Metro Min­ing

Metro Min­ing is con­tin­u­ing its suc­cess­ful ramp up of Baux­ite Hills mine, bol­stered by strong alu­mina prices and high Chi­nese de­mand.

The Australian Mining Review - - NEWS - AMY BLOM

METRO Min­ing is shap­ing up to fin­ish the year on a strong note fol­low­ing a num­ber of ma­jor suc­cesses com­ing out of its flag­ship Baux­ite Hills mine in QLD.

The miner be­gan first pro­duc­tion at Baux­ite Hills in April, 10 months after con­struc­tion com­menced, with most con­struc­tion tak­ing place in just five months.

First ship­ment left the Port of Skar­don in early May.

Then in Au­gust, Metro was named the lead­ing emerg­ing com­pany at the 2018 Dig­gers and Deal­ers Min­ing Fo­rum.

At the time, Metro Min­ing manag­ing di­rec­tor Si­mon Fin­nis said the award was a sig­nif­i­cant achieve­ment for the com­pany.

“Most im­por­tantly, the award ac­knowl­edges the ef­fort of our mine-site and sup­port team,” Mr Fin­nis said.

“The mine was con­structed in near record-break­ing time and com­mence­ment of op­er­a­tions, and quick ramp up, has in­volved con­sid­er­able ded­i­ca­tion, and of course hard work.”

By Septem­ber, Metro Min­ing an­nounced it had al­ready shipped its first one mil­lion tonnes of baux­ite with a to­tal of 17 ship­ments.

The mil­lionth tonne of baux­ite was loaded aboard the bulk car­rier Isa Olden­dorff as part of a 60,000 tonne ship­ment bound for Metro’s foun­da­tion cus­tomer Xinfa Group.

Xinfa was one of China’s largest in­te­grated alu­minium com­pa­nies with sig­nif­i­cant re­fin­ing and smelt­ing op­er­a­tions.

Metro had a four year bind­ing off-take agree­ment to sup­ply Xinfa with 1mt this year, fol­lowed by 2mtpa for each of the next three years.

Sales Fi­nalised

In Septem­ber, Metro Min­ing also an­nounced it had fully sold for planned 2018 pro­duc­tion, hav­ing signed a con­tract with China’s State-owned State Power In­vest­ment Cor­po­ra­tion Alu­minium and Elec­tric Power In­vest­ment Co (SPIC).

The con­tract was for 300,000 wet met­ric tonnes (wmt) of baux­ite to be de­liv­ered by the end of the year, fol­low­ing a trial ves­sel pre­vi­ously de­liv­ered to SPIC.

Mr Fin­nis said he was de­lighted to have fi­nalised a new off­take agree­ment with SPIC, which had the ca­pac­ity to be an­other long-term off-take part­ner, and to have suc­cess­fully sold all of Metro’s planned 2018 pro­duc­tion.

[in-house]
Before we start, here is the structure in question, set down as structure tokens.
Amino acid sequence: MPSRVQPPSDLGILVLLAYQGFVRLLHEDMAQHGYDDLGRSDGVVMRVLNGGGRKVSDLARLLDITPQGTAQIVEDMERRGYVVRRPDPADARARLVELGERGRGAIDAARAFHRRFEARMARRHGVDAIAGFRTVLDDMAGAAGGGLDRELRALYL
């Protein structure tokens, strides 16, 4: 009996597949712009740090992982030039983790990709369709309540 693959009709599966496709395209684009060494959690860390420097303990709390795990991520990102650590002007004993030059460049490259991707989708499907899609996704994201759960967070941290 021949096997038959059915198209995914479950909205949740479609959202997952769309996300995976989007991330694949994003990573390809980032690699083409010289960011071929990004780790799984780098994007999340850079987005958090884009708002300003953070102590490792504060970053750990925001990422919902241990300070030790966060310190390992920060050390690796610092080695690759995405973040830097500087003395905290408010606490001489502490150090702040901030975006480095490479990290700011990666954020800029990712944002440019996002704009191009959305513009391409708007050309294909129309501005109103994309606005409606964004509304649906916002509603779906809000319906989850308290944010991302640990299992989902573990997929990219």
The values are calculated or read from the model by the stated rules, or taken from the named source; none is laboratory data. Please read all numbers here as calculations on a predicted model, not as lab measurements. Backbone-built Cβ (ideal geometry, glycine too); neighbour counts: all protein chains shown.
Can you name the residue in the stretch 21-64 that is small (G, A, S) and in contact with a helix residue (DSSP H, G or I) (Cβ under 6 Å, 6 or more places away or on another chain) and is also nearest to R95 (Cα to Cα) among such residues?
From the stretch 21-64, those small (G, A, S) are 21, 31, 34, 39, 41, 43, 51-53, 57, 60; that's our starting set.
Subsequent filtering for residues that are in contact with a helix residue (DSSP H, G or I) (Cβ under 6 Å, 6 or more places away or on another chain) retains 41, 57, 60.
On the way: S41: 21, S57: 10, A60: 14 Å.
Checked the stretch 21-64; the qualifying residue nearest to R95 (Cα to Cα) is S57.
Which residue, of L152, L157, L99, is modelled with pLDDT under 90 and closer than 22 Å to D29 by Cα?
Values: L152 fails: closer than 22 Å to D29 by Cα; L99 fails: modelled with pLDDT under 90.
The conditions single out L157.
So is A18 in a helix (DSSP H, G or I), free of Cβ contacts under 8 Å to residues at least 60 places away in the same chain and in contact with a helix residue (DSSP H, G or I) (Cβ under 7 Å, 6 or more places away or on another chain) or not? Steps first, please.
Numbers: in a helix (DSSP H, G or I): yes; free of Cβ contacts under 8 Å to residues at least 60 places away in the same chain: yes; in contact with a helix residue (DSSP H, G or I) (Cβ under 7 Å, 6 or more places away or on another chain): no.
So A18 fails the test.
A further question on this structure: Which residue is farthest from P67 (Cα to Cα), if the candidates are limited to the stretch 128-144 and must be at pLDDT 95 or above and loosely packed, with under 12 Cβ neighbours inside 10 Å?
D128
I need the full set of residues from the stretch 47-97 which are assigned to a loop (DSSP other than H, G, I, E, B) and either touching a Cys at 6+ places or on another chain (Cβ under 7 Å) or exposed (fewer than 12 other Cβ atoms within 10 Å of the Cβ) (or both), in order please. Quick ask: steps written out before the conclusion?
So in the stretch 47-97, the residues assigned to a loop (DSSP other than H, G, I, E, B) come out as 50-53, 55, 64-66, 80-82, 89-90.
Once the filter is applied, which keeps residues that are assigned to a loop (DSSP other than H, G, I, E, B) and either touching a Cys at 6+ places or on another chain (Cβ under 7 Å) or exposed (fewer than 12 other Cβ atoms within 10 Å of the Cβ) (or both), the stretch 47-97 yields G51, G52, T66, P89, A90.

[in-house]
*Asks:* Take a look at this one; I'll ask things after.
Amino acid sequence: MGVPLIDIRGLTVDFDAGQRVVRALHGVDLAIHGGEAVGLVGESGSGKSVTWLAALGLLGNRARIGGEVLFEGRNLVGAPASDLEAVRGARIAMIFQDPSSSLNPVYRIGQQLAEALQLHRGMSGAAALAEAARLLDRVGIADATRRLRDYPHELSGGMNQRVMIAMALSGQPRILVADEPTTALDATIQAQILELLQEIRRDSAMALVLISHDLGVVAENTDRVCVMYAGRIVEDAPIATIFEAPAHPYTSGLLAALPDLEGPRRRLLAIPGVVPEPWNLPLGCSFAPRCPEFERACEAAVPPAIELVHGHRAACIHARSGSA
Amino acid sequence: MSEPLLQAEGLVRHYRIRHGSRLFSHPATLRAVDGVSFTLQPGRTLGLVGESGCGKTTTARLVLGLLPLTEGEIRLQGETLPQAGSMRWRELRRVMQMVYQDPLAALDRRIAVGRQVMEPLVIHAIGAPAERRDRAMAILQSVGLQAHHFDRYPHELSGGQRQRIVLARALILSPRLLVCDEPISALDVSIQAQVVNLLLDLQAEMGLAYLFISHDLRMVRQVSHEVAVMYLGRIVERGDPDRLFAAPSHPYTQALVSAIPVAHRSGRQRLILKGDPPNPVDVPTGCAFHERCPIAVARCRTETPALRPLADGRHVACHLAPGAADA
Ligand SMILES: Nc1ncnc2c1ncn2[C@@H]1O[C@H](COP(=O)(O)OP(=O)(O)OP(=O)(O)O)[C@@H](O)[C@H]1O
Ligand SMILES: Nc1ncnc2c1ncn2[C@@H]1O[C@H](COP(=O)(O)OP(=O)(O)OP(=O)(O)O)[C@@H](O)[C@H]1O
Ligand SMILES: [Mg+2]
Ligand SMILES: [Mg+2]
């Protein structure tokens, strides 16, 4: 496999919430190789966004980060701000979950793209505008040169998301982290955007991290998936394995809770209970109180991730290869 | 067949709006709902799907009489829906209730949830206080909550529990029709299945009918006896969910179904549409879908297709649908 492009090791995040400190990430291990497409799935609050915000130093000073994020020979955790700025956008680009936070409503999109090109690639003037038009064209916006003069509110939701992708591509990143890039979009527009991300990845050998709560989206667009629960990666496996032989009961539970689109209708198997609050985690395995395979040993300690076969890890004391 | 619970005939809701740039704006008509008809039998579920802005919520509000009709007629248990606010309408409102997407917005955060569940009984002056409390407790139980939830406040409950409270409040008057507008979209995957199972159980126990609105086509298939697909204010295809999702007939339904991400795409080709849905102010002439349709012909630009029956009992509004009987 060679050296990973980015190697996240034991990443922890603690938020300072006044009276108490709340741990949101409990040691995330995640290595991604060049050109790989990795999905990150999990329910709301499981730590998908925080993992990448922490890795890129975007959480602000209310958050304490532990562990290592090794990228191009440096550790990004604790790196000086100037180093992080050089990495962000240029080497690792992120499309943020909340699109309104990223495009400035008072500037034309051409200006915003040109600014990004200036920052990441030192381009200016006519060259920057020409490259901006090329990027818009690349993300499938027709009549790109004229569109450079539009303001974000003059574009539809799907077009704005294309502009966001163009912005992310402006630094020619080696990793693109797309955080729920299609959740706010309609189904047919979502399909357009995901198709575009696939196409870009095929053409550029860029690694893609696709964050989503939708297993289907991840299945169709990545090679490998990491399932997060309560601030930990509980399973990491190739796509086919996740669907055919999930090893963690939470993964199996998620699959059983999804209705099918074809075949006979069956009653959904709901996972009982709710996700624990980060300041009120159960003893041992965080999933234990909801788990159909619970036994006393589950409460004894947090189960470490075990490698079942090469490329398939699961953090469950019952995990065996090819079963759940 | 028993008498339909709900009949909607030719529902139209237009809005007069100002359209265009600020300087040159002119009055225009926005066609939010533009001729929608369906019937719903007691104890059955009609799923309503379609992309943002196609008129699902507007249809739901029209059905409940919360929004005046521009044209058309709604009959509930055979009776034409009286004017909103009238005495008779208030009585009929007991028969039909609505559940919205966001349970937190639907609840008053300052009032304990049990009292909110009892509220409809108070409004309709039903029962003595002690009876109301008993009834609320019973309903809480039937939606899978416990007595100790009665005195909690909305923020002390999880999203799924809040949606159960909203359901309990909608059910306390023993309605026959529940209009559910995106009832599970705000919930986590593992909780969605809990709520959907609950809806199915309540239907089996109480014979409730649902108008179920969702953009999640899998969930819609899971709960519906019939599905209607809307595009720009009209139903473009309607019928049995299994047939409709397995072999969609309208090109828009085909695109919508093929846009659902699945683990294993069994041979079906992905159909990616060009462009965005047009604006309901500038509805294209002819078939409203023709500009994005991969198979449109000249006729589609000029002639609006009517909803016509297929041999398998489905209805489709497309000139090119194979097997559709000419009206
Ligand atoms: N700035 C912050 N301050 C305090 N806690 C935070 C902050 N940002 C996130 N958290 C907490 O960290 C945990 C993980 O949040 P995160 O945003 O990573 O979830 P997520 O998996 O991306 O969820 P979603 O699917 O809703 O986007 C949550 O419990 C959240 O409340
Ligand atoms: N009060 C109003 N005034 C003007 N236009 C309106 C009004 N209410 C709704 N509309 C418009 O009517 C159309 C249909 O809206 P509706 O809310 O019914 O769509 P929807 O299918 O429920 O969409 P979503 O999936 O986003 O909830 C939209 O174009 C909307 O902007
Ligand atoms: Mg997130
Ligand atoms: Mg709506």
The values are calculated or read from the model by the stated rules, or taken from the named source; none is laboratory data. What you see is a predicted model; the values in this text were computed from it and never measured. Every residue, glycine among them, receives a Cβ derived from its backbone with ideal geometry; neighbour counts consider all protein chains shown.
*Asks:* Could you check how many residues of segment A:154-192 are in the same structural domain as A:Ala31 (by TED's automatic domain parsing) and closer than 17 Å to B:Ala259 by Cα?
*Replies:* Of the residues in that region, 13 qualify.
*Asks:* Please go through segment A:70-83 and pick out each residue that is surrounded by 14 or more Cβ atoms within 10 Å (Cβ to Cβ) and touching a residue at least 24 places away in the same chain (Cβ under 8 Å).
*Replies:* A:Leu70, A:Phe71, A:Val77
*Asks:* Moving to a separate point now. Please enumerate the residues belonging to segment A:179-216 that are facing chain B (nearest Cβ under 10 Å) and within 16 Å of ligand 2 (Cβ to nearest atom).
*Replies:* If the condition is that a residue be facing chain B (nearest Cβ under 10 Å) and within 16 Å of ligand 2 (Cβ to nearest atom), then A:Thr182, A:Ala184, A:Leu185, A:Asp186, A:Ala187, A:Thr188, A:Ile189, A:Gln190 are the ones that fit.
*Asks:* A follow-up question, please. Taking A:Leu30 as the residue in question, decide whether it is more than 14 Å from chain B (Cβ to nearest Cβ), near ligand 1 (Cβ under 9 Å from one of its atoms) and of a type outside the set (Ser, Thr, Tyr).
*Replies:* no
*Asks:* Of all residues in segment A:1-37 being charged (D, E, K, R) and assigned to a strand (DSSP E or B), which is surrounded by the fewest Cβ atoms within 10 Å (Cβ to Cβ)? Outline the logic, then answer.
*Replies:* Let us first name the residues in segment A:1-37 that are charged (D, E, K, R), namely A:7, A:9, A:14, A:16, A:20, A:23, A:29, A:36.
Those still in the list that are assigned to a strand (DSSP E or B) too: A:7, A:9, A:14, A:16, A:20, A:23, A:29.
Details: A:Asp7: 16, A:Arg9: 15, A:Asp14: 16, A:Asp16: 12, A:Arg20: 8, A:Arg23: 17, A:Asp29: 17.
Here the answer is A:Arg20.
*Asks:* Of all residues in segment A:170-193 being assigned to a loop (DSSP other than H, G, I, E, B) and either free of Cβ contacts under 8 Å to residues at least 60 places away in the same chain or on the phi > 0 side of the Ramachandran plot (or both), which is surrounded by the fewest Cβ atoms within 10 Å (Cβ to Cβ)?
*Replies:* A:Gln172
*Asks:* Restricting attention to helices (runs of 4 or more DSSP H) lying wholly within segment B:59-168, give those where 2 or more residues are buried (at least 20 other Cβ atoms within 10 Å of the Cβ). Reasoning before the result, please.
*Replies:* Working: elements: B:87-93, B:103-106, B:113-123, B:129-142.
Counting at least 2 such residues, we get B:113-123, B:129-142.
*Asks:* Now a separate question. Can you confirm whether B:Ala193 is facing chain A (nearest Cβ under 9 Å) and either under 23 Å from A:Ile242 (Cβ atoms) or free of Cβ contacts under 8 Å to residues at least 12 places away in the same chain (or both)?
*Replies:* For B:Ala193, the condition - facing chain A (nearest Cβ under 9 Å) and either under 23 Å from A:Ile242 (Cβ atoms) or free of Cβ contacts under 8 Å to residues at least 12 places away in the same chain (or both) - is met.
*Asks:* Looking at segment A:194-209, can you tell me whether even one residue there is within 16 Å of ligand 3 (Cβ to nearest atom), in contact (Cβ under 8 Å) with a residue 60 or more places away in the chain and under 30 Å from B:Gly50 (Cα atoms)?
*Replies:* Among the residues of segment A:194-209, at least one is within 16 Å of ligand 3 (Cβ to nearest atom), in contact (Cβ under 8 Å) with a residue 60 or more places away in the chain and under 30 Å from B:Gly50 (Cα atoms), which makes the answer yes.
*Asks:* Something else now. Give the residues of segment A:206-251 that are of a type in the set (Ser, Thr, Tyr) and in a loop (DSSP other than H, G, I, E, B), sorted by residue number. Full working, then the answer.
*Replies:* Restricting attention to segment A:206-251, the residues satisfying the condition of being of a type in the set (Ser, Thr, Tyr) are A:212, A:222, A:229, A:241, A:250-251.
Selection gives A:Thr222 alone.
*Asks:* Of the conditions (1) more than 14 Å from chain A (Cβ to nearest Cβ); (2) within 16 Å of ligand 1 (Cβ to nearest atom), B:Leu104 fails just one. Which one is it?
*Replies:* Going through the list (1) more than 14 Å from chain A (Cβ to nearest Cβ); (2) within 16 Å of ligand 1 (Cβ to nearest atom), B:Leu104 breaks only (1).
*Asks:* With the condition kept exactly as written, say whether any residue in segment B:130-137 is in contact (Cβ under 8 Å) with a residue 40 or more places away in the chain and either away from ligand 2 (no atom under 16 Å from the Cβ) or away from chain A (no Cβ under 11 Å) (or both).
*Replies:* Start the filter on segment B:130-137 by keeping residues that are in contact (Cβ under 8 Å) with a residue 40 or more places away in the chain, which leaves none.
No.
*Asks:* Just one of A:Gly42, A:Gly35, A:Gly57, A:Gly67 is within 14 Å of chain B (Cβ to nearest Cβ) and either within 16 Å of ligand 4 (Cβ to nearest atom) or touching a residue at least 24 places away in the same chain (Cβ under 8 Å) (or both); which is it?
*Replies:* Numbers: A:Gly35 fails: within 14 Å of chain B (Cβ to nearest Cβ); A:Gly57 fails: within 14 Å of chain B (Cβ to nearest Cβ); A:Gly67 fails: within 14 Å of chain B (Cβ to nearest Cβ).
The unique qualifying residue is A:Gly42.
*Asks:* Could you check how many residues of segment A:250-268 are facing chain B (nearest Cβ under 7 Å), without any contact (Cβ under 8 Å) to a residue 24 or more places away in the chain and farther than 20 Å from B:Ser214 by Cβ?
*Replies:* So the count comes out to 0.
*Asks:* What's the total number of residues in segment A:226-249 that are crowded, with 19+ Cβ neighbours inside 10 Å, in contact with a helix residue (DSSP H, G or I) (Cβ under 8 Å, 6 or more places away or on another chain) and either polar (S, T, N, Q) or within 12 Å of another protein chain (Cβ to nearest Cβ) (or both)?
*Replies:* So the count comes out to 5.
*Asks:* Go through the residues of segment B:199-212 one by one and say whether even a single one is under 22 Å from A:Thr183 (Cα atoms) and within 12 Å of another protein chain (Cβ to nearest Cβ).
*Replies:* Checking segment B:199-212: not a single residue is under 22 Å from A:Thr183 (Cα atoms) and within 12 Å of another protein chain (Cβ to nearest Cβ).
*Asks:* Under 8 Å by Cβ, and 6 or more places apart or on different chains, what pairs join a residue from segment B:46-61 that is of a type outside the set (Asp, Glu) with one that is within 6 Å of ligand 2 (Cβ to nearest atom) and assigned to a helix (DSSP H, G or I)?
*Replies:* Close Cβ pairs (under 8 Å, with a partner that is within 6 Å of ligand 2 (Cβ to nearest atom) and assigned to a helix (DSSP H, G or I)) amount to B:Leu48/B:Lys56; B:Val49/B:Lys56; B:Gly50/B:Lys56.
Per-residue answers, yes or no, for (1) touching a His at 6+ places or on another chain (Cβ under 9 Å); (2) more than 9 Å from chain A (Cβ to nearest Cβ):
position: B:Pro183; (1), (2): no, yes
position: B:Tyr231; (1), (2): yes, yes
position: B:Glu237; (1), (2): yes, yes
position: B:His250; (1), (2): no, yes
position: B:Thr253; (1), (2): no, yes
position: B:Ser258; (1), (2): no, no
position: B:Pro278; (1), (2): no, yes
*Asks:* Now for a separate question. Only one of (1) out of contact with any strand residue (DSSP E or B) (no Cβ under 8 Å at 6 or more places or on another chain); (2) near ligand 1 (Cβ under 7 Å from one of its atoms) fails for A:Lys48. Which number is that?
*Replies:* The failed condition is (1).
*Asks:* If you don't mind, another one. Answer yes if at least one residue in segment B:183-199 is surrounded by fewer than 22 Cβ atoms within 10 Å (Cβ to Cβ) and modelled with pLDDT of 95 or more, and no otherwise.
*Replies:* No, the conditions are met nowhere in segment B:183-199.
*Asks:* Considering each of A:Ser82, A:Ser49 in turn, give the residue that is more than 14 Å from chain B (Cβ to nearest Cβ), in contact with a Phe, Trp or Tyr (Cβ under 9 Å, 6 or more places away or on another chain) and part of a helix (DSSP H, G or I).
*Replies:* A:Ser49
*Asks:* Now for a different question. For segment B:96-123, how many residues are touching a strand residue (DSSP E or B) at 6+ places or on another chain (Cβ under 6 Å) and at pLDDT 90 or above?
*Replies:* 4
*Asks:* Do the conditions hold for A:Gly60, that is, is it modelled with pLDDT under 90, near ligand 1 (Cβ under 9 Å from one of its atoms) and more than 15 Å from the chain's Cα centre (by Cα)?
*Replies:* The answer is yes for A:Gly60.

“This year’s ship­ments will be made to five dif­fer­ent Chi­nese cus­tomers, con­firm­ing strong de­mand for Metro baux­ite in China,” Mr Fin­nis said.

“We are ex­pe­ri­enc­ing par­tic­u­lar in­ter­est from re­finer­ies lo­cated in the in­land prov­inces where sup­ply of do­mes­tic baux­ite has been hin­dered by re­cent mine clo­sures and en­vi­ron­men­tal au­dits.

“We are ex­pe­ri­enc­ing par­tic­u­lar in­ter­est from re­finer­ies lo­cated in the in­land prov­inces where sup­ply of do­mes­tic baux­ite has been hin­dered by re­cent mine clo­sures and en­vi­ron­men­tal au­dits.”

“Our prod­uct spec­i­fi­ca­tions are well suited to their pro­cess­ing re­quire­ments.”

China re­cently be­gan a crack­down on il­le­gal baux­ite min­ing, while main­tain­ing a fo­cus on im­prov­ing lo­cal en­vi­ron­men­tal con­di­tions.

The crack­down has seen do­mes­tic min­ers un­able to use dy­na­mite blast­ing for ex­tract­ing ore and, in some cases they have been banned from us­ing pneu­matic drilling.

Un­der these cir­cum­stances, in­land re­fin­ers’ prof­its fell sig­nif­i­cantly, with some re­finer­ies re­port­edly clos­ing ca­pac­ity in re­sponse.

Sev­eral Chi­nese re­fin­ers have since been ac­tively seek­ing im­ported baux­ite or look­ing to test sam­ples of im­ported baux­ite; the raw ma­te­rial used to make alu­minium.

While Guinea re­mained China’s largest baux­ite sup­plier, the sit­u­a­tion has proven a boon for Aus­tralian op­er­a­tors in­clud­ing Metro Min­ing, which an­tic­i­pated steady and con­tin­ued de­mand for im­ported baux­ite in the Chi­nese mar­ket over the next decade, driven by its do­mes­tic sup­ply short­age.

Ac­cord­ing to Mr Fin­nis, ne­go­ti­a­tions were pro­gress­ing well to fi­nalise the 2019 sales pro­gram.

“Pro­duc­tion at the Baux­ite Hills mine is steadily in­creas­ing, and we are con­fi­dent of reach­ing pro­duc­tion guid­ance for this year,” Mr Fin­nis said.

“Given cur­rent de­mand we are ac­tively look­ing at ways to in­crease 2019 pro­duc­tion above the cur­rent planned rates.”

Pos­i­tive Fore­casts

Ac­cord­ing to re­search re­leased in Au­gust by Perth-based bro­ker Arg­onaut, Metro was suc­cess­fully ramp­ing-up, with op­er­a­tions in key areas in­clud­ing min­ing and ship­ping steadily in­creas­ing month on month.